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The Morale of General Lee's army.

Rev. J. William Jones, D. D.
In his testimony before the “Committee on the conduct of the War,” Major General Joseph Hooker says: “Our artillery had always been superior to that of the rebels, as was also our infantry, except in discipline; and that, for reasons not necessary to mention, never did equal Lee's army. With a rank and file vastly inferior to our own, intellectually and physically, that army had, by discipline alone, acquired a character for steadiness and efficiency unsurpassed, in my judgment, in ancient or modern times. We have not been able to rival it, nor has there been any near approximation to it in the other rebel armies.” [Italics mine.] I do not propose to enter upon any “odious” comparison between the Army of the Potomac and the Army of Northern Virginia, as to the character of the men who composed them; yet, I think I shall be able to show that General Hooker is entirely mistaken in attributing the confessed superiority of the Army of Northern Virginia to “discipline alone,” and that this army was composed of a body of men who, in all the qualities which go to make up what we call morale, were rarely, if ever, equaled, and never surpassed by any army that ever marched or fought “in all the tide of time.”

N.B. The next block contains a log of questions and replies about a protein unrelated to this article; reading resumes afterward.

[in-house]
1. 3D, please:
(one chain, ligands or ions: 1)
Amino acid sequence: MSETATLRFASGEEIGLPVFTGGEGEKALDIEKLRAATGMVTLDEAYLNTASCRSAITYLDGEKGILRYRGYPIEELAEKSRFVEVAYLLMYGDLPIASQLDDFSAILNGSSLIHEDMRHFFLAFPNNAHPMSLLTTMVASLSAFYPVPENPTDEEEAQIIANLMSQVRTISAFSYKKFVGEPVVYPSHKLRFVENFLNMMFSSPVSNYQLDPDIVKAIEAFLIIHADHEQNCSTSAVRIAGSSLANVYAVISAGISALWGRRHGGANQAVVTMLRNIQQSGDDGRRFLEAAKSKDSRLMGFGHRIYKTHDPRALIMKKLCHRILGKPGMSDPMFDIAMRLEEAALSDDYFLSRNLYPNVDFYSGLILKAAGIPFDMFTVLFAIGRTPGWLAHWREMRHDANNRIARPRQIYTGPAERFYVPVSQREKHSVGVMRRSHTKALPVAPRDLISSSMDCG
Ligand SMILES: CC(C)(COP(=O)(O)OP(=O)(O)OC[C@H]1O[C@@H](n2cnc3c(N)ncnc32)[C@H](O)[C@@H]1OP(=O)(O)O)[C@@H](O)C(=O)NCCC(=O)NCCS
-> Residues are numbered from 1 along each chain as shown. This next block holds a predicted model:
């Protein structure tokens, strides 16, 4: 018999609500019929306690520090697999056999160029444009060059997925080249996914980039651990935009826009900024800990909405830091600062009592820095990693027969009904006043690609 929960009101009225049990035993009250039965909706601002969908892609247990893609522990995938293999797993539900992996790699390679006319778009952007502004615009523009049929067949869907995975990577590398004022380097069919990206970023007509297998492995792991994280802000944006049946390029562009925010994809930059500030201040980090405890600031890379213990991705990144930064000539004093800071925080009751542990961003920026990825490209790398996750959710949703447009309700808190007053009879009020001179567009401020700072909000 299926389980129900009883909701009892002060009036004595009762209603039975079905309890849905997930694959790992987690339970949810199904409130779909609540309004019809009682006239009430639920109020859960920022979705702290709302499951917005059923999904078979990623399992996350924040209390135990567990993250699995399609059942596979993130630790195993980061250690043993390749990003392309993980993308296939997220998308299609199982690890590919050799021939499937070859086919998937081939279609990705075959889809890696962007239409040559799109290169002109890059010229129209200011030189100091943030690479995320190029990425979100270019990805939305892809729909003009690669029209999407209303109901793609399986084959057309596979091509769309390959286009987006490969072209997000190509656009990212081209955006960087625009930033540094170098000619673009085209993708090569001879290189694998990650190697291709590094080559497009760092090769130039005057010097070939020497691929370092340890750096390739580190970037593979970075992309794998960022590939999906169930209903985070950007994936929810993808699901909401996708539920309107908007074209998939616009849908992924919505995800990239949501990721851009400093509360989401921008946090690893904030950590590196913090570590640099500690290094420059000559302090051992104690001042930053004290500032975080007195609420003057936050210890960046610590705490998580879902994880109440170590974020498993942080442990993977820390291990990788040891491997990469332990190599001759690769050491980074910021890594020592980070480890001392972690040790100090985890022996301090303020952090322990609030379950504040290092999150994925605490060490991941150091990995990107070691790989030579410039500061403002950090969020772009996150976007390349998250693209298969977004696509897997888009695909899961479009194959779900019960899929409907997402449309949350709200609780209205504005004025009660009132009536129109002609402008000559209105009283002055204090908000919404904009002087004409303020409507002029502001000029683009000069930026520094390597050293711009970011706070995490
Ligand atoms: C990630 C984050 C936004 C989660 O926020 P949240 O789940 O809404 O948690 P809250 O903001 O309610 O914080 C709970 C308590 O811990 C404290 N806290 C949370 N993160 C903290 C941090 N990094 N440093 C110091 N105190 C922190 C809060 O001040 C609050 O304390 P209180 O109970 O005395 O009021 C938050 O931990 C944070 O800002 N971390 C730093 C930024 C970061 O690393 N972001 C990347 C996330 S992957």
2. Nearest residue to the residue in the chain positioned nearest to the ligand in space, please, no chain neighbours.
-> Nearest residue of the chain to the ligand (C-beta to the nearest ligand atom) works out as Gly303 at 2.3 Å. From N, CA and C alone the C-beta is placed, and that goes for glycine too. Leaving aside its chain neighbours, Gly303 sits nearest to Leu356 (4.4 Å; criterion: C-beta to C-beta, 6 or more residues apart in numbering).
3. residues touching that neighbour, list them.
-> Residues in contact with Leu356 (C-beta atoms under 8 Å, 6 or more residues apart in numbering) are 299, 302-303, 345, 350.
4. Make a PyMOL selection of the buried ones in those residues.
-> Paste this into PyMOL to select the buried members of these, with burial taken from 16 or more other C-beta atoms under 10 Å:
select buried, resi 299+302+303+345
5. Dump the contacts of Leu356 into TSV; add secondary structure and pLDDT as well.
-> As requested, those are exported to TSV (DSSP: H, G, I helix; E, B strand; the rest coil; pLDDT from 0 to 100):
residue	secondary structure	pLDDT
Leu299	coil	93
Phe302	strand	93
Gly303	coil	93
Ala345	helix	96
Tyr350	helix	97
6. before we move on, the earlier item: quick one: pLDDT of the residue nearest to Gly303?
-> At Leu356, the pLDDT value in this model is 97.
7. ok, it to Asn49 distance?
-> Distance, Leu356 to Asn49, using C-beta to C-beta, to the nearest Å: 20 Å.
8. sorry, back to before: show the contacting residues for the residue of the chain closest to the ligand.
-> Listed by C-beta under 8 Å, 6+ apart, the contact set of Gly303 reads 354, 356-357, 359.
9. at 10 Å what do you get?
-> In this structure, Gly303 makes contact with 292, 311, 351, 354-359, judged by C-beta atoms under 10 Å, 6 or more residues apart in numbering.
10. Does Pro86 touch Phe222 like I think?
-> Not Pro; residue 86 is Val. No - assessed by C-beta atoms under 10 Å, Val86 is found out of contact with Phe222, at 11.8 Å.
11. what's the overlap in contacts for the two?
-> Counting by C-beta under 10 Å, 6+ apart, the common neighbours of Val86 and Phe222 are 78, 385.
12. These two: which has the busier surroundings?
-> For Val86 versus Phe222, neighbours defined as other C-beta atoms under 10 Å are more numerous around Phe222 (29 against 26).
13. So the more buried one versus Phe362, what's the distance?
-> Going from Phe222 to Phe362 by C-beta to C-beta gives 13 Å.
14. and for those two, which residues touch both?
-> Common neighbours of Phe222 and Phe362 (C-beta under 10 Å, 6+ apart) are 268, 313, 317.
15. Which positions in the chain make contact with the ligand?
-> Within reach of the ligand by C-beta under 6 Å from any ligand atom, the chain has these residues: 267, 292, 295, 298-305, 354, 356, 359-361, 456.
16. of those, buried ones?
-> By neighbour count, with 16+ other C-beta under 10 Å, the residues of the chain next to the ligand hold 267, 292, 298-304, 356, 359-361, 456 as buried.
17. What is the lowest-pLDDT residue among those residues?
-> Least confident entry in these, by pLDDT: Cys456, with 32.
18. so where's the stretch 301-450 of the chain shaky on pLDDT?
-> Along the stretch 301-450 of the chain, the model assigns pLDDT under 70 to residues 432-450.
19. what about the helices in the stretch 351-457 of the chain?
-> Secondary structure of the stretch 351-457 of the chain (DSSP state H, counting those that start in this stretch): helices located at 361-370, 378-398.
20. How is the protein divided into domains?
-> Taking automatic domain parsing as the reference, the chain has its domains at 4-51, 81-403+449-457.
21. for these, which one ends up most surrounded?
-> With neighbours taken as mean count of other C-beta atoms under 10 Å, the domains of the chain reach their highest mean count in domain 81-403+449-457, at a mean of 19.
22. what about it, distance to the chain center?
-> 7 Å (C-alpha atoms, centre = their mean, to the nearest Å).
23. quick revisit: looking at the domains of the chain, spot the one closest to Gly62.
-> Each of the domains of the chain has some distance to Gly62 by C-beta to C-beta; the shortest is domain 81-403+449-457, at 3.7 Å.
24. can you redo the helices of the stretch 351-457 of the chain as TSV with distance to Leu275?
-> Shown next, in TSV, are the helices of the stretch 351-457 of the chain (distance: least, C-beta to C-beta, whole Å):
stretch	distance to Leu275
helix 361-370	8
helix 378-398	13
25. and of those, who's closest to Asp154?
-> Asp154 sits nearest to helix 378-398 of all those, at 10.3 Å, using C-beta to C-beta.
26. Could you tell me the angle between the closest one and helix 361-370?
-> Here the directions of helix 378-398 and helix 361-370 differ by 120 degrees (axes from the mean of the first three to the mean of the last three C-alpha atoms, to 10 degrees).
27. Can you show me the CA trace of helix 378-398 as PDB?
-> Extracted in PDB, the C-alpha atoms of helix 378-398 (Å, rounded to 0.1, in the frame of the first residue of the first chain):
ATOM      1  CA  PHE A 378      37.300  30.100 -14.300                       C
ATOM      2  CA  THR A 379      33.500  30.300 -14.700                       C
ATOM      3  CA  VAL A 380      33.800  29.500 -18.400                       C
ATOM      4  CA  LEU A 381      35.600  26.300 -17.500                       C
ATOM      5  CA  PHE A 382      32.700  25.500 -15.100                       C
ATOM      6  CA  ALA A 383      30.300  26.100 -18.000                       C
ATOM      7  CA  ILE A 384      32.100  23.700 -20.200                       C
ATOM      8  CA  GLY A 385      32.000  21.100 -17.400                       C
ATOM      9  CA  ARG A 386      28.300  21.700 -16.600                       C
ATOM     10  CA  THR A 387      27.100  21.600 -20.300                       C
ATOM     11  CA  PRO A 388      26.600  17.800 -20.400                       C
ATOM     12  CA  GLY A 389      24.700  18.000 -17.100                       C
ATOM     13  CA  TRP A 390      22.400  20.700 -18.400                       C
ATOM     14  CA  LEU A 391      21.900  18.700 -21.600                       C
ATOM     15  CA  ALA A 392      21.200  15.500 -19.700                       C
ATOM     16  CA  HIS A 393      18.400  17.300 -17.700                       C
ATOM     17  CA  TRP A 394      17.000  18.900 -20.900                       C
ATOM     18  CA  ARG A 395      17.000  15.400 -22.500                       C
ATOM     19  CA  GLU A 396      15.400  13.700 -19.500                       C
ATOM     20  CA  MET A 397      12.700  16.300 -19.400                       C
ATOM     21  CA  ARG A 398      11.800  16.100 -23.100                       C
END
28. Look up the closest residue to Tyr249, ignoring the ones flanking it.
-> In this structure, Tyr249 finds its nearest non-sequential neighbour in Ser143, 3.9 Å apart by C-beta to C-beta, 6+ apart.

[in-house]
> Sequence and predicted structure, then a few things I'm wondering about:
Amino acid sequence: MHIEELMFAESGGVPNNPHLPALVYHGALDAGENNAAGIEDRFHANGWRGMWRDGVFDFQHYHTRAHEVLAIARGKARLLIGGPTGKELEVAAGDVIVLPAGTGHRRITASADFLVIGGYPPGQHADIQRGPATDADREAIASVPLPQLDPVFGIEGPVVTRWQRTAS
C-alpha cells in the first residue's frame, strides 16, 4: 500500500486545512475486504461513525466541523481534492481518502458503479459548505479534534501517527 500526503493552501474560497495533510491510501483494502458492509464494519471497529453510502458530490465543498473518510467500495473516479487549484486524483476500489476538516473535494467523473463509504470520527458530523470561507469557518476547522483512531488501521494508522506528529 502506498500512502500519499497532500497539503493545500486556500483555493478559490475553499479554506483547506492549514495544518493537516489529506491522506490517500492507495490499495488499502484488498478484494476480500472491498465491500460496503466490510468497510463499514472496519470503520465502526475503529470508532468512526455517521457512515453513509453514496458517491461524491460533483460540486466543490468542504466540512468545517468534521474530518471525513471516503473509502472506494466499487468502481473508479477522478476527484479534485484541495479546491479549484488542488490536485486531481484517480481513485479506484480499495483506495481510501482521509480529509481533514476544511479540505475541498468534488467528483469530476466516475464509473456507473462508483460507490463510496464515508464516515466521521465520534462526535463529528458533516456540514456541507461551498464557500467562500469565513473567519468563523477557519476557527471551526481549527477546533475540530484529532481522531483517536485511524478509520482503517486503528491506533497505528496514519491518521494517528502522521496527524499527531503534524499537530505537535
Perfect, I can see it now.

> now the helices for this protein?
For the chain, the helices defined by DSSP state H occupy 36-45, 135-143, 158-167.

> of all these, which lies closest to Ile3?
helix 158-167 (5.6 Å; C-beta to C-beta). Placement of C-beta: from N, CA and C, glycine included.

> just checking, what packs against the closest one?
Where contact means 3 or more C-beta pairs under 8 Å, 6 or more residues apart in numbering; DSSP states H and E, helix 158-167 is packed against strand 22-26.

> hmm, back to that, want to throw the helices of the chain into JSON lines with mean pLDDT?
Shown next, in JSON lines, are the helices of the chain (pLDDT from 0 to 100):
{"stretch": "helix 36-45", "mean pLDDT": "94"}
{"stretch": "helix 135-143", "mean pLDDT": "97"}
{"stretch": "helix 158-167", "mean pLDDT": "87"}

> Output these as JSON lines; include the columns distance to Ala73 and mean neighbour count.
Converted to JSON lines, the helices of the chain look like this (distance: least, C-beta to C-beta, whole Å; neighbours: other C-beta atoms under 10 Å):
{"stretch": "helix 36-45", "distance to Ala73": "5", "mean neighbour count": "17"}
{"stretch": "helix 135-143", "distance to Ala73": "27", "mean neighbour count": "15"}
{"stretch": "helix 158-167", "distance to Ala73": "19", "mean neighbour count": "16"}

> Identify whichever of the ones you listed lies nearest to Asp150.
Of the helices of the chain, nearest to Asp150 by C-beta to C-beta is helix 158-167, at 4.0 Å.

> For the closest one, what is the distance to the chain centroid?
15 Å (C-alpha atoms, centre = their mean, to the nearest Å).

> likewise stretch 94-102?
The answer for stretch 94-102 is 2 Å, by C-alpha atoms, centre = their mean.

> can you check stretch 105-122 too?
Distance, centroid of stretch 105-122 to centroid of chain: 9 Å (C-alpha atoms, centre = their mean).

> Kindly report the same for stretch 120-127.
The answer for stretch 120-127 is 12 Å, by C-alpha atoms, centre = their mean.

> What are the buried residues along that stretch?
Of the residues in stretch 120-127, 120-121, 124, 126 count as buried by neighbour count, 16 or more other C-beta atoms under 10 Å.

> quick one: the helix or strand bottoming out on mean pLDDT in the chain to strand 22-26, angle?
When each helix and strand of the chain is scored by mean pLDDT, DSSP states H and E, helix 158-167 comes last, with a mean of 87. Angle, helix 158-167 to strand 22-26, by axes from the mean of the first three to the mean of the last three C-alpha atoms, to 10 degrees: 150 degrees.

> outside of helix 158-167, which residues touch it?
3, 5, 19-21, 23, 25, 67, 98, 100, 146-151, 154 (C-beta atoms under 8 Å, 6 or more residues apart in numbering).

The very circumstances which produced the organization of that army called into it the flower of the South. On the memorable 17th day of April, 1861, the day on which the Virginia Convention passed its Ordinance of Secession, I witnessed at-the little village of Louisa Court-House, Virginia, a scene similar to those enacted all

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